ACLU Calls on URI to Halt Censorship of Professor’s Website
Posted: May 27, 2004|Category: Free Speech
The ACLU of RI has called on URI President Robert Carothers to intervene and correct “a very disturbing issue of academic censorship” at the University. It involves Women’s Studies Professor Donna Hughes, an expert on the international trafficking of women and children.
Last October, prompted by a London law firm’s letter threatening a defamation suit against URI and Professor Hughes, university officials removed from her university website two articles she had written in her area of expertise. At the time, the professor reluctantly agreed to the action because URI officials indicated that the removal was a temporary measure while they examined the legal ramifications of the threat. Seven months later, however, the articles still have not been reposted.
In a two-page letter sent yesterday to President Carothers, RI ACLU executive director Steven Brown expressed concern about both the University’s censorship and the “lackadaisical manner” in which the matter has been handled. Following the initial “temporary” removal of the article, Professor Hughes heard nothing further from the university until March, when she advised the school’s legal counsel, Louis Saccoccio, of her intent to repost the articles. Mr. Saccoccio responded that Professor Hughes could not do so using the university’s resources “until a final decision has been made on this issue.” No decision has been forthcoming. Thus, said the ACLU’s Brown in his letter, “some seven months after this incident first arose, two articles written by a distinguished professor remain censored by the University.”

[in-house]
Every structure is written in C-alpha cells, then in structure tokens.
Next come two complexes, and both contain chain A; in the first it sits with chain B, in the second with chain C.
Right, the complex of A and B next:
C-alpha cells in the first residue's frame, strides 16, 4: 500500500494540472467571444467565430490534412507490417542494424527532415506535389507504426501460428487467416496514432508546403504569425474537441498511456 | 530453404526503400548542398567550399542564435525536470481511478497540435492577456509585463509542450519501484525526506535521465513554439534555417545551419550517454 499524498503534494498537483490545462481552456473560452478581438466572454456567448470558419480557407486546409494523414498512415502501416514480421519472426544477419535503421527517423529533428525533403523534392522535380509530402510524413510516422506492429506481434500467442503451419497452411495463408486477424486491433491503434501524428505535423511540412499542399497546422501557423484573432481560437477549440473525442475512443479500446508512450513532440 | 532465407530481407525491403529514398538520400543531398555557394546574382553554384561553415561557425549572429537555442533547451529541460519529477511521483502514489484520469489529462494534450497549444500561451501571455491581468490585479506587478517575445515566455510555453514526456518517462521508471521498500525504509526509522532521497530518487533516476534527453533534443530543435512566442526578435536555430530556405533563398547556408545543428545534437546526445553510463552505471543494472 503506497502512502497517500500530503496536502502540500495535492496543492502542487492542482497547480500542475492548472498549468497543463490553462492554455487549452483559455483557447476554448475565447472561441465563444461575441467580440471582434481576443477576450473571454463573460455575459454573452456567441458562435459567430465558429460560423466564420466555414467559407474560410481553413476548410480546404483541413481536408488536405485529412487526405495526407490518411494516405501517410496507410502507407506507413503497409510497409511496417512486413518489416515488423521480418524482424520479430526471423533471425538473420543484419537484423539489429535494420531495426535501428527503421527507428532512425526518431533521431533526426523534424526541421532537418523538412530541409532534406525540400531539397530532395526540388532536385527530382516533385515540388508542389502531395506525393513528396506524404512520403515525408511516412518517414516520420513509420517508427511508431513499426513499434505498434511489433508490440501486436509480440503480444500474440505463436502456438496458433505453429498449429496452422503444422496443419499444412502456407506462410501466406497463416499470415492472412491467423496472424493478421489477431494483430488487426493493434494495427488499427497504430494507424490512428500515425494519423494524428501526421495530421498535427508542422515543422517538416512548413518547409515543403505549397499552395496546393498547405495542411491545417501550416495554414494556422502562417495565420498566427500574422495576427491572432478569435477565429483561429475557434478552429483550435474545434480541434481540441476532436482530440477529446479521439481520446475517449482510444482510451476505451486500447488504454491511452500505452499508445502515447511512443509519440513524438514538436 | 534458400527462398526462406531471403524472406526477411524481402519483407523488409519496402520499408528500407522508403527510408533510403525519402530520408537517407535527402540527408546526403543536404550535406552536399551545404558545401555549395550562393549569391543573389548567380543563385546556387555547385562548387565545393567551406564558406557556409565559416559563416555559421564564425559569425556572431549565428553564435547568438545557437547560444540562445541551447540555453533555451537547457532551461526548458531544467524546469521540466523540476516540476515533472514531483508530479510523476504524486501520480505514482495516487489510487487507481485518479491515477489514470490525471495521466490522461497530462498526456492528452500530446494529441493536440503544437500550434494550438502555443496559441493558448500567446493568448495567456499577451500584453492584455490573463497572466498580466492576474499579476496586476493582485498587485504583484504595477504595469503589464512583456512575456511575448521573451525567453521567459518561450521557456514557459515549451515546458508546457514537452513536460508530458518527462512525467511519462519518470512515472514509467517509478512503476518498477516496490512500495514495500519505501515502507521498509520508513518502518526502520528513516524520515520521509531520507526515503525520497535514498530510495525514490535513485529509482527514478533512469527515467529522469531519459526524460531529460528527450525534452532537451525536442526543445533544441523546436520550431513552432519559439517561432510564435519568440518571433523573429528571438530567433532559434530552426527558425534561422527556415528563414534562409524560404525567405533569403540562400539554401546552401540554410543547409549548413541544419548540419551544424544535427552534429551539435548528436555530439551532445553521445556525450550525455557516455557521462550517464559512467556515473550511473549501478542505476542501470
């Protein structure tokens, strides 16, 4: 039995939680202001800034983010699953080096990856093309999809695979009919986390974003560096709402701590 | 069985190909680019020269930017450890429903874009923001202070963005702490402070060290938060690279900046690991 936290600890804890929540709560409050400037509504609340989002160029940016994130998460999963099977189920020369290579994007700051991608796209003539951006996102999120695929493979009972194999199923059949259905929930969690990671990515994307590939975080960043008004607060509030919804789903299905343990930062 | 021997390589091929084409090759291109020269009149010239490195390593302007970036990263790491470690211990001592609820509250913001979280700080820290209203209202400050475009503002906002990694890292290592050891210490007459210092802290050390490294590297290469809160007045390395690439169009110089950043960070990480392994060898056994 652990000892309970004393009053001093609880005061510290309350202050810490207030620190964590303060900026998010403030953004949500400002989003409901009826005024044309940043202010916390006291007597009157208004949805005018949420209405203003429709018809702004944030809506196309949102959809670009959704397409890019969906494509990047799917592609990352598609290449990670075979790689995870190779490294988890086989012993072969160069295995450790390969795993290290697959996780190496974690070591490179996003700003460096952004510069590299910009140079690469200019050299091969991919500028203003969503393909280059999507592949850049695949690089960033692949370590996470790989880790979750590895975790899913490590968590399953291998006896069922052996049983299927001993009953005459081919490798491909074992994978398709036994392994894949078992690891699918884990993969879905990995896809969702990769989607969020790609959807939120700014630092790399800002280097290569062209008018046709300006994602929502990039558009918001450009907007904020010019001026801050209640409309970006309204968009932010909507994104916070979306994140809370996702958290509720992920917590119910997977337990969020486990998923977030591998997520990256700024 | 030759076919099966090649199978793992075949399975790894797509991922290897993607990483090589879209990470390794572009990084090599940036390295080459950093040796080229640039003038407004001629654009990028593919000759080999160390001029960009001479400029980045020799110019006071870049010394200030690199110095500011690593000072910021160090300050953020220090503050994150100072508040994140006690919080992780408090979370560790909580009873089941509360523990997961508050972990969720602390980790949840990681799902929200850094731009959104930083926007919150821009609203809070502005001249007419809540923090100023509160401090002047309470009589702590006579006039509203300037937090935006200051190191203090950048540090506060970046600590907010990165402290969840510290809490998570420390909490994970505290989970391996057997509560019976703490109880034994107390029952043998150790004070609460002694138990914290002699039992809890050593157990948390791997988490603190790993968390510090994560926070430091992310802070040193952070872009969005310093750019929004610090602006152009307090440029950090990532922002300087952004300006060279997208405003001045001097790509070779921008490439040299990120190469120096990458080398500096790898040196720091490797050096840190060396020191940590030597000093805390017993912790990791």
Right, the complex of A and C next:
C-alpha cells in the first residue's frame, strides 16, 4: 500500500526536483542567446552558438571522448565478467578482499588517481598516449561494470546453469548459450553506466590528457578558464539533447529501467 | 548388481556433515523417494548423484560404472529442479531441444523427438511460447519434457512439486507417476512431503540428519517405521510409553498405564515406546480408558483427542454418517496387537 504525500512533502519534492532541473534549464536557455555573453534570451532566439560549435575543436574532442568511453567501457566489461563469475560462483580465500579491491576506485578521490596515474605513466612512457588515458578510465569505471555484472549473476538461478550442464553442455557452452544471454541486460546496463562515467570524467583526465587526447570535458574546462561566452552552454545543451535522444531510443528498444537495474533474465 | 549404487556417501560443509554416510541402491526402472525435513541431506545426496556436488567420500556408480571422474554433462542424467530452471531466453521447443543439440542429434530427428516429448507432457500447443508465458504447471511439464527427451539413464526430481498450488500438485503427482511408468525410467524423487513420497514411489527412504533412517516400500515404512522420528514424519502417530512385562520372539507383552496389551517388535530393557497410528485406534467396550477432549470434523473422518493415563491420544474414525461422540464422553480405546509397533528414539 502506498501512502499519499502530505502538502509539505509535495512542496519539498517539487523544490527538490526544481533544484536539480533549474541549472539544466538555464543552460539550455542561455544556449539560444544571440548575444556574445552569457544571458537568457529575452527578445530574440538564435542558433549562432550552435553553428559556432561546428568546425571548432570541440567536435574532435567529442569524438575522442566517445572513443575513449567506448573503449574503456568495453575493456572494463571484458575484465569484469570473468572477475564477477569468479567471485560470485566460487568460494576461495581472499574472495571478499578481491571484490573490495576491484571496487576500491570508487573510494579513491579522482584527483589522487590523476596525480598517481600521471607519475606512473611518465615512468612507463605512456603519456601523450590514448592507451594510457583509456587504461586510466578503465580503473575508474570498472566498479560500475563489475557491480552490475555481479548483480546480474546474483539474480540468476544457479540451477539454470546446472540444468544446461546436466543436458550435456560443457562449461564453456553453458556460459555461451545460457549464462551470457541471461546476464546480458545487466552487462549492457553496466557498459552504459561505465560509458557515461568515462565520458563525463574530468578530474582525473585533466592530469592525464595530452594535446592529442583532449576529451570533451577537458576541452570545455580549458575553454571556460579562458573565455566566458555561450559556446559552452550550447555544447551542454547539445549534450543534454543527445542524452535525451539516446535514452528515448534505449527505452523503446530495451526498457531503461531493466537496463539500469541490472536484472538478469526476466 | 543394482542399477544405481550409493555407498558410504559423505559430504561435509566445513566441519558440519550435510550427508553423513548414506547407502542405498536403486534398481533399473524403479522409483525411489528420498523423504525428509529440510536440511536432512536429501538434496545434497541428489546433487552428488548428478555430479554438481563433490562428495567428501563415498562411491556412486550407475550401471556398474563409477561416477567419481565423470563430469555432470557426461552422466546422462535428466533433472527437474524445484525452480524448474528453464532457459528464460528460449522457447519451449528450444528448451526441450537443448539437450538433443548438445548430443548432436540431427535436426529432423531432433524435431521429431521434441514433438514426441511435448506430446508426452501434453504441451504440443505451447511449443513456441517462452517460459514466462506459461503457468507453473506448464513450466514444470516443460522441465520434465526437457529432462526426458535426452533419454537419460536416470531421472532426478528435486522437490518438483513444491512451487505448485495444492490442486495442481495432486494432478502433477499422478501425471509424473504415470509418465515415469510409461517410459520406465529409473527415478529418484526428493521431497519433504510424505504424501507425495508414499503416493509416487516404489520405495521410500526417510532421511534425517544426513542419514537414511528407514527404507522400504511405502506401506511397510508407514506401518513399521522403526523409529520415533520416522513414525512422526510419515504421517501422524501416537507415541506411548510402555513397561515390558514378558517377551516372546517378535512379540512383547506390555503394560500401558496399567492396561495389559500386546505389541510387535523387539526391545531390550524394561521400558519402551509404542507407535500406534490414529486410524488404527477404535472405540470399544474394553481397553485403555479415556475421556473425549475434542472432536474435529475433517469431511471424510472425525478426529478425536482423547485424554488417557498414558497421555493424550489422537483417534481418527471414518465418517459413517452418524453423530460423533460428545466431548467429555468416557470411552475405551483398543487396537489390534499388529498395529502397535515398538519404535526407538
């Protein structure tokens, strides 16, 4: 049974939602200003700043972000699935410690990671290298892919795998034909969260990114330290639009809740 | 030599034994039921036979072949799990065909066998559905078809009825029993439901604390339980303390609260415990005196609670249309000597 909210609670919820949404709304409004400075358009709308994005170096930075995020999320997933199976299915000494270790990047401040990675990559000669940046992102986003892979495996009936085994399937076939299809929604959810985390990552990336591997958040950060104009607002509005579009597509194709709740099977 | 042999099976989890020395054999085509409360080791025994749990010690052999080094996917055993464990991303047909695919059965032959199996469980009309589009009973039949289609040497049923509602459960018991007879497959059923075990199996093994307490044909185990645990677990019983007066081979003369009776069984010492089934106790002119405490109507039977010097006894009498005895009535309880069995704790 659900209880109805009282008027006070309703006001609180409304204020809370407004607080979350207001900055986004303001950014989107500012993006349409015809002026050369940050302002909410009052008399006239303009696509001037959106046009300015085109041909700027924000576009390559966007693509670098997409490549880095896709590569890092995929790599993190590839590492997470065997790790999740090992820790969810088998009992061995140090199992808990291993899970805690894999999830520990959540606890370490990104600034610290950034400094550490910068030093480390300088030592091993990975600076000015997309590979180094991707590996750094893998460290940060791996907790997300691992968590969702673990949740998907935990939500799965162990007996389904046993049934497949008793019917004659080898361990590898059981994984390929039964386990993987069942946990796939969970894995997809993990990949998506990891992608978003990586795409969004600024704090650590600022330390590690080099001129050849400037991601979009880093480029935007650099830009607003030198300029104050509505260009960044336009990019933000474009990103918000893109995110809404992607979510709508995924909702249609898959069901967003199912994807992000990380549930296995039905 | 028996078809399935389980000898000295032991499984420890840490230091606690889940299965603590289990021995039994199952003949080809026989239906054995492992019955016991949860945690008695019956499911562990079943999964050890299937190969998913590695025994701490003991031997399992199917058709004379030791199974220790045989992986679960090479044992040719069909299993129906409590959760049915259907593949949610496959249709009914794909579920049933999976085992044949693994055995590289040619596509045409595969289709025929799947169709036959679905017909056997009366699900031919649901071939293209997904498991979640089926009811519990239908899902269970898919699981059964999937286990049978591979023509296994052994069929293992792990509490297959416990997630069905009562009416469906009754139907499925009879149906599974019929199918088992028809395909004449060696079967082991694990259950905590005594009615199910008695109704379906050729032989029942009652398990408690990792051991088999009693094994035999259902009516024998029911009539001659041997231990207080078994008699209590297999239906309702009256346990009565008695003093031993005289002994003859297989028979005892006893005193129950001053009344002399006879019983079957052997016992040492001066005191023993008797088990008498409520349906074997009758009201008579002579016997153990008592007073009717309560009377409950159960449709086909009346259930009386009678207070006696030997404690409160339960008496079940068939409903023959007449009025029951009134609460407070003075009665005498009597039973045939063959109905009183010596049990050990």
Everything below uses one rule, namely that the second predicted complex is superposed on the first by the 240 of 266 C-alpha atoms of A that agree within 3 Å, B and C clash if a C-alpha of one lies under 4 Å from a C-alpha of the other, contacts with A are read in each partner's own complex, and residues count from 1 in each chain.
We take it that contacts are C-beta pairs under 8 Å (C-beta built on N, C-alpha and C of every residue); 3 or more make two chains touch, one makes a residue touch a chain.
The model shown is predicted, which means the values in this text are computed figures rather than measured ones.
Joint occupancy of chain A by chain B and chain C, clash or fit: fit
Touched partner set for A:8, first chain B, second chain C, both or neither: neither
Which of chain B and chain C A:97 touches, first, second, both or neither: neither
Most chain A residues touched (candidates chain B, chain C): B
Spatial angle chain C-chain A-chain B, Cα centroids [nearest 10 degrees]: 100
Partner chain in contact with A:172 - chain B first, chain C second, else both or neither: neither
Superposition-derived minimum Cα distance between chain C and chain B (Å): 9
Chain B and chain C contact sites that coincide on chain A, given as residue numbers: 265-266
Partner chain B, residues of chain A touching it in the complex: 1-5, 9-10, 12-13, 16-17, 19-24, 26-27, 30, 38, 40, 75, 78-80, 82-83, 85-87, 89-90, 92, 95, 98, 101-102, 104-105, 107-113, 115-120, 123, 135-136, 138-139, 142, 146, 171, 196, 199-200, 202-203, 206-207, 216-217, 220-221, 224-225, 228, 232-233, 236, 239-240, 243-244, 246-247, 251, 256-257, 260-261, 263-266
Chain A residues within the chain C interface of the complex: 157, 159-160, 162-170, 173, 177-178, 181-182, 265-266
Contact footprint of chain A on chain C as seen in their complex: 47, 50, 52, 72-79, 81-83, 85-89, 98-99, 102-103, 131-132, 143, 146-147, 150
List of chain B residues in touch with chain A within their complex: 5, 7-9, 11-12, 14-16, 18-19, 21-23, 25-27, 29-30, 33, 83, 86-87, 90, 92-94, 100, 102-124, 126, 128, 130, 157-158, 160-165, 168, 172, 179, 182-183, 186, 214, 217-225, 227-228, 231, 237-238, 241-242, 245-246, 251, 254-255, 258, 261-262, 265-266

Calling the ramifications “enormous,” Brown’s letter noted the great cost to URI “ when it allows the mere threat of an action by an individual overseas to result in removal of speech of public importance on the university’s web site. The University’s failure to quickly deal with this threat to academic freedom sends an extremely poor message to Professor Hughes’s colleagues and the institution as a whole. In an age when so much information is transmitted, read, researched and stored electronically, the University’s unilateral decision to remove the articles and force Professor Hughes to fend for herself if she wishes to defend her academic work is extremely troubling.”
The ACLU’s letter concluded by urging Carothers to “reverse course and show support for academic freedom by agreeing to represent Professor Hughes should any action be taken against her. Only in this way can the true mission of the University be fulfilled.”
Professor Hughes said today: “Academic freedom is essential to my work on sexual slavery and exploitation of women and children. My scholarly work includes researching and writing about organized crime, corruption, and harmful government policies. The University of Rhode Island’s capitulation to intimidation threatens the progress of my work and the work of other scholars in the future.” Calling URI’s actions “shocking,” Dr. Frank Annunziato, executive director of the URI Chapter of the AAUP, added: “ Professor Hughes is one of the leaders in the fight against the trafficking of women and children. This University should extend to Professor Hughes, and to the women and children whose horrible lives she is struggling to bring to the light of day, all the support necessary for her work to succeed.”